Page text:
The roads to the Eden Gardens Stadium were choked with traffic. Hours before India faced their great foes Pakistan in a crucial match in the World Twenty20 in Kolkata, the streets overflowed with fans riding motorbikes draped in the Indian flag. Even in the stultifying heat, thousands queued obligingly for tickets, while the police, some armed with lathis, others with weapons altogether more dangerous, looked sternly on.
“Cricket is an Indian game accidentally discovered by the British,” the author Ashis Nandy famously wrote. Nowhere is that truer than in T20, the shortest format of cricket, which perfectly tailored to India’s burgeoning middle-class: cash-rich and time poor, and with a craving for celebrity and Indian triumph.
When the match eventually begun, the national anthem brought none of the self-conscious air detectable when many countries sing them. Instead the whole ground rose in unison, bellowing out the words while thousands of Indian tricolor flags waved proudly. Faces painted with the colours of the Indian flag were ubiquitous; so were “I love my India” hats.
Many thousands had their smart phones out to record the moment for posterity: Indian national pride meeting Indian commerce. “National identities are commercial playthings,” the author Mike Marquesee observed two decades ago when covering the 1996 Cricket World Cup in the subcontinent. So it is in India in 2016.
In six years, India will become the most populous nation on earth. Yet, like the Commonwealth Games in 2010, the WT20 has raised serious concerns about India’s ability to host global events. The schedule was only announced on December 11, less than three months before the start of the tournament, while tickets did not go on sale until two weeks before the first match and have seldom been available to buy at the ground. At an early match in Nagpur, Scotland fans were told they had to go to the city’s old stadium, 18km away, to get tickets.
The chaos is not merely explained by the cliché of India being a country that lives in the 11th hour: it is a manifestation of the intrusion of politics on the national sport. India’s match with Pakistan was originally awarded to Dharamshala, a remote Himalayan city with poor transport links and security infrastructure where, in any case, it often rains in March. A Pakistan security delegation ruled that Dharamshala was not safe enough to play in, and, at ten days’ notice, the match was moved 2,000km to Kolkata.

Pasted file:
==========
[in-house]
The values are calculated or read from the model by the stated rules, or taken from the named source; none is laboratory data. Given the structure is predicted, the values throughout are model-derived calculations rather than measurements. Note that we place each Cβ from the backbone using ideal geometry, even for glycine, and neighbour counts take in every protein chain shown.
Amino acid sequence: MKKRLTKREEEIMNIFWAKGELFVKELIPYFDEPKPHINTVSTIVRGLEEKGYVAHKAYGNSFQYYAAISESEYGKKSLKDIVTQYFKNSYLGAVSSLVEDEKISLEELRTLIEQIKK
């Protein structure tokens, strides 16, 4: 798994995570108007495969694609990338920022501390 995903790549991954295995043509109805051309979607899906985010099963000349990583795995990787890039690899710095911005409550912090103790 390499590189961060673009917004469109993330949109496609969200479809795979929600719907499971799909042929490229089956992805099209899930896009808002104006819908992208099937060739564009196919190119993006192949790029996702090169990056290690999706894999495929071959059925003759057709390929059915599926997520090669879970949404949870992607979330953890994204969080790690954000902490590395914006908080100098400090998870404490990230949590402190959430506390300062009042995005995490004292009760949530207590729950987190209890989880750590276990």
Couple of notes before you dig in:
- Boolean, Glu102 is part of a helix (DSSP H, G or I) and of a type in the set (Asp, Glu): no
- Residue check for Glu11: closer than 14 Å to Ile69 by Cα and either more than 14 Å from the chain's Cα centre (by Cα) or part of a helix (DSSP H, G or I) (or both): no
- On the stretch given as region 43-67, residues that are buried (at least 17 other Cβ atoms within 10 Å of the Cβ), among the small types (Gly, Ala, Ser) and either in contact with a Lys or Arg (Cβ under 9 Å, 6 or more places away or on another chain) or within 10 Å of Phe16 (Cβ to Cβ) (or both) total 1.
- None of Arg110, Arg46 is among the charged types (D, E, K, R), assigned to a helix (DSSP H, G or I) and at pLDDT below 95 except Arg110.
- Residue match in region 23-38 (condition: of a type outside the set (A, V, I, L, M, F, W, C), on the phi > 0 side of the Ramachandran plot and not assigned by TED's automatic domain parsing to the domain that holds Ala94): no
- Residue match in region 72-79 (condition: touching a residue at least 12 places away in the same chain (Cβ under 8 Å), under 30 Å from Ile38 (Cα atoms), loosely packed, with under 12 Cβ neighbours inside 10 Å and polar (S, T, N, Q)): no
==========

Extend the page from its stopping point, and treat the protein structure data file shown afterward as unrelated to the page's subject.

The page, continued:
The game had been awarded to Dharamshala largely for one reason: it is the home state of Anurag Thakur, the Honorary Secretary of the Board of Control for Cricket in India, and a Bharatiya Janata Party MP in the area. Thakur had made a great play of bringing such a prestigious match to Dharamshala. The chief minister of Himachal Pradesh, a political rival, repeatedly said that he could not guarantee the safety of the Pakistani team, seemingly to embarrass Thakur.
This is been just a small example of the politicisation of cricket. The tournament has played out against a growing backdrop of Indian nationalism, on the ascent since the BJP, a party with a strong Hindu nationalist tinge, won their first general election majority two years ago. A row over use of the saying ‘Bharat Mata ki Jai’ (“Victory for Mother India”), which has been appropriated by Hindu nationalists, has been playing out during the competition. A meeting of the BJP national executive recently decreed that “refusal to chant victory to Bharat is tantamount to disrespect to our constitution itself”, while the RSS, another Hindu nationalist organisation, have said that the young should be taught chanting the slogan to inculcate in them a love for India. But minorities, especially Muslims, are often made to feel uncomfortable by the Bharat slogan, seen as embodying a Hindu vision of India. Tweeters have taken to calling the row the #PatriotWar.
Indian politics has never been immune to events on the cricket field. Two years ago 66 students were expelled from a university in Kashmir after cheering for Pakistan in a match against India. During this tournament the Bharat chant has featured prominently at Indian matches, while there have been rather Orwellian signs reminding fans they would be punished for any “wrongful display” of the national flag. There have been other incidences of tension between those who see the cricket field as a vehicle for wider Indian advancement and those who do not. After the match with Pakistan, a Bollywood star criticised a leading commentator for not focusing enough on India during the game. In a press conference, captain MS Dhoni told a journalist “I know you aren’t happy that India won today”, words widely interpreted as an attack on the media for not being supportive enough of the national cricket team.
Yet the politicisation of the tournament has not quite been complete. In Kolkata, many Indian fans applauded the Pakistani anthem as opposing fans sat side-by-side in a display of subcontinental unity. After India sealed victory, the roads around the stadium were jammed once again, but this time with jubilant fans riding around in celebration.